The Argentine Folklorista
Until I developed an interest in tango, I had never considered Argentine folkloric dancing. To me, folkloric dancing was used for filling time in various 19th century ballets, or was something you did in character class at the ballet studio. I had always dismissed it as something less challenging that old people performed at state fairs and festivals.
And then I took a class. From a serious and brilliant professional. The kind of professional that extracts every last ounce of physical effort and artistic expression from you, along with a lot of sweat.
I took my first class from The Folklorista on a whim. I had a free afternoon and it seemed like it might be interesting. I had no idea what was coming. In my adult life, I have never worked so hard in the period of 1 hour, nor been subjected to so much physically demanding and technical instruction.
I brought home a video of my class. I lost 5 pounds just practicing parts from it in the backyard. My feet literally beat a path into the grass.
Foolishly, I went back for more.
I committed to 5 private classes of folkloric dancing. This was about what I could afford, but I also figured 5 sessions would be plenty of time to learn another dance. “It will be so much fun to do something different.” I thought. “I’m sure with my ballet background I can pick this up easily.” Looking back, I think of this as one of those impossible timelines for a huge project – like trying to tour Europe in a weekend. ALL of Europe.
Each day I would drive with The Folklorista to the dance studio. He was always very casual and cheerful about what we were going to do. And then the session would begin and I would be pushed to the extreme of my physical and mental abilities. On the second day, as if reading my mind, he remarked “Well here you are, and most people at this point ask themselves, ‘this seemed so easy and it’s not, so what have I gotten myself into?’” He was quite amused by this and burst out laughing. The class continued. My mind was a jumble, and I began to wonder if I was perhaps suffering from a deficiency of some sort. Maybe potassium. The Folklorista acted like this was all a walk in the park.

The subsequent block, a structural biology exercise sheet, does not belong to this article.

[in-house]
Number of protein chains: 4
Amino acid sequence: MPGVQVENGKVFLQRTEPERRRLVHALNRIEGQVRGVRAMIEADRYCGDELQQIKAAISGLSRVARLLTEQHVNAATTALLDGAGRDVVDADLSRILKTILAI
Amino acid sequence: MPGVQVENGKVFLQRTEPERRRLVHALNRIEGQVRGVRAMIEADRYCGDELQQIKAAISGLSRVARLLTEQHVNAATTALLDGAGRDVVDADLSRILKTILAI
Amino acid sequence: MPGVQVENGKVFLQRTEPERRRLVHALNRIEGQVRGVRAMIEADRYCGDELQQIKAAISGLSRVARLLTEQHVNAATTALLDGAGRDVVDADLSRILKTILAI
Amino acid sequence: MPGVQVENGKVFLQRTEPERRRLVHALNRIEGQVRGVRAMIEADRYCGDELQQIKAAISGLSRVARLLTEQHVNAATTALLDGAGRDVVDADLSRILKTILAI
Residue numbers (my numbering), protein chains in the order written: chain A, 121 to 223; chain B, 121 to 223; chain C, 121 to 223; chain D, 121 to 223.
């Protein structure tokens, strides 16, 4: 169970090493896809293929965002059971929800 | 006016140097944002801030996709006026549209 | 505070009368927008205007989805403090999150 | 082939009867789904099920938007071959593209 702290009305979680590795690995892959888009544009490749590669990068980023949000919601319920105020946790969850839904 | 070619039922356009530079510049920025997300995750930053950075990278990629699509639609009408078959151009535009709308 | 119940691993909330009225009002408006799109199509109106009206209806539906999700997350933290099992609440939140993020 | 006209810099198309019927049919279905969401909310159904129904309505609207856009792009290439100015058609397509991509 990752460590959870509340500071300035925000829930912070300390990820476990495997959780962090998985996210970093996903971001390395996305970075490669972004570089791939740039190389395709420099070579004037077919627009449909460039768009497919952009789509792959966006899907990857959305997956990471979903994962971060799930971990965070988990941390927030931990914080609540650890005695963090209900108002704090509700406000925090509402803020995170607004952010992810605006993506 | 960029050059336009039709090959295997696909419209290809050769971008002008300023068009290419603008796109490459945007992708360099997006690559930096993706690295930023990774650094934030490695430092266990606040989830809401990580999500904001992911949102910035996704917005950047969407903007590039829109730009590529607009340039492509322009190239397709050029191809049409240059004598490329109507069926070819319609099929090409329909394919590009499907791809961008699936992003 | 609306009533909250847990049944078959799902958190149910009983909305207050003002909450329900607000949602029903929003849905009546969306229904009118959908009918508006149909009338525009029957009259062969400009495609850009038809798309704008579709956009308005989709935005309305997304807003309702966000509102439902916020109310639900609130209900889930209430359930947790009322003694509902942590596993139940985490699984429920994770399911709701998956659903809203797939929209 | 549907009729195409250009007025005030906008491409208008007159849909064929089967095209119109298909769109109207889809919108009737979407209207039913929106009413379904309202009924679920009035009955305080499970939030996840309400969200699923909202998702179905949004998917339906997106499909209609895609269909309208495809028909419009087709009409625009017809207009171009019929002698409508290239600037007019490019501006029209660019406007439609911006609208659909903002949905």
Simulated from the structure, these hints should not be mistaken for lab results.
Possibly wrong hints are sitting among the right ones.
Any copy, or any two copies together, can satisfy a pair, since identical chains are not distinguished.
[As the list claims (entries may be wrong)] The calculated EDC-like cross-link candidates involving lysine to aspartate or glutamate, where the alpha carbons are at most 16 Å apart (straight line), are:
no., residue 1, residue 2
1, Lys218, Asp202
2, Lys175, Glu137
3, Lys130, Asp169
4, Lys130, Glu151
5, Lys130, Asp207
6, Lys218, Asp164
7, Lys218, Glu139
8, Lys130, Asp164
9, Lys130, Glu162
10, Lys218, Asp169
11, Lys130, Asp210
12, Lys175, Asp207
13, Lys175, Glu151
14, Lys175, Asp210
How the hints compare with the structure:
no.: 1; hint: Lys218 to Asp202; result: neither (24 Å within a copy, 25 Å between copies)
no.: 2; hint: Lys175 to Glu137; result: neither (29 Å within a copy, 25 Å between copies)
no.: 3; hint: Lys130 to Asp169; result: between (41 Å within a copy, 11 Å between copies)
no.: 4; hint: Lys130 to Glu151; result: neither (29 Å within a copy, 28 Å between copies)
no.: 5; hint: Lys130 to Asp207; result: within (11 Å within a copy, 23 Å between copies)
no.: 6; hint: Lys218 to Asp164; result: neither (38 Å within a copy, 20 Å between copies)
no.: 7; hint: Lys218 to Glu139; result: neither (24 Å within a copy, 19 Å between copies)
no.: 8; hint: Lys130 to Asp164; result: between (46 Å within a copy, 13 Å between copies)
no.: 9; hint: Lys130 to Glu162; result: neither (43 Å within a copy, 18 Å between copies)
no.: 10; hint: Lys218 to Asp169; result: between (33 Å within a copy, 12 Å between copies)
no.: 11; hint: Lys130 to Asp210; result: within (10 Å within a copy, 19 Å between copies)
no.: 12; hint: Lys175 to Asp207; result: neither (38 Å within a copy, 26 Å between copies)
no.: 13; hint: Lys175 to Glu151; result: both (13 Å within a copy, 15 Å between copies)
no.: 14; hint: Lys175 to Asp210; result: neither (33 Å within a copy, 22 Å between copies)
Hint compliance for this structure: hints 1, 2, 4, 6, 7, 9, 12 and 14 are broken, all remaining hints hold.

At night I would go to tango. I thought this would be low-pressure because at least it was familiar territory. I was wrong, because The Folklorista had a brother who took it upon himself to correct me mercilessly in tango. At no point in any 24 hour period was I in my comfort zone.
In fact, I was barely mobile. I was exhausted and all I could think about was how I had to get up in the morning for my folkloric dancing class. The dancing I had previously believed to be for “old” people.
At the end of five days, The Folklorista had somehow managed to pound this dance into me. I don’t know how he did it. He seemed very upbeat and told me to work on things at home, every day. “There is probably a repetitive stress injury waiting for me here,” I thought, “but I cannot forget what I’ve learned at this point.” It would mean disappointing The Folklorista, and who knows where THAT might lead? Possibly to several remedial classes, where he could add more technical details, and make me work even harder.
I feel lucky to have met The Folklorista. He is one of those rare birds who is always ON when it comes to dance. He’s on when it comes to just about anything, but that’s what makes him so good at what he does. He is the Real Deal, as we say. As I write this, he is probably busy thinking of another aspect of the dance that I somehow missed, an aspect which will require additional precise and rigorous instruction. He’ll probably break it to me by saying, “I’d like to address something…just a minor, small detail – most people wouldn’t notice – but I think we need to correct it immediately. We don’t want you to develop any bad habits.”
Planning my next trip to see The Folklorista now…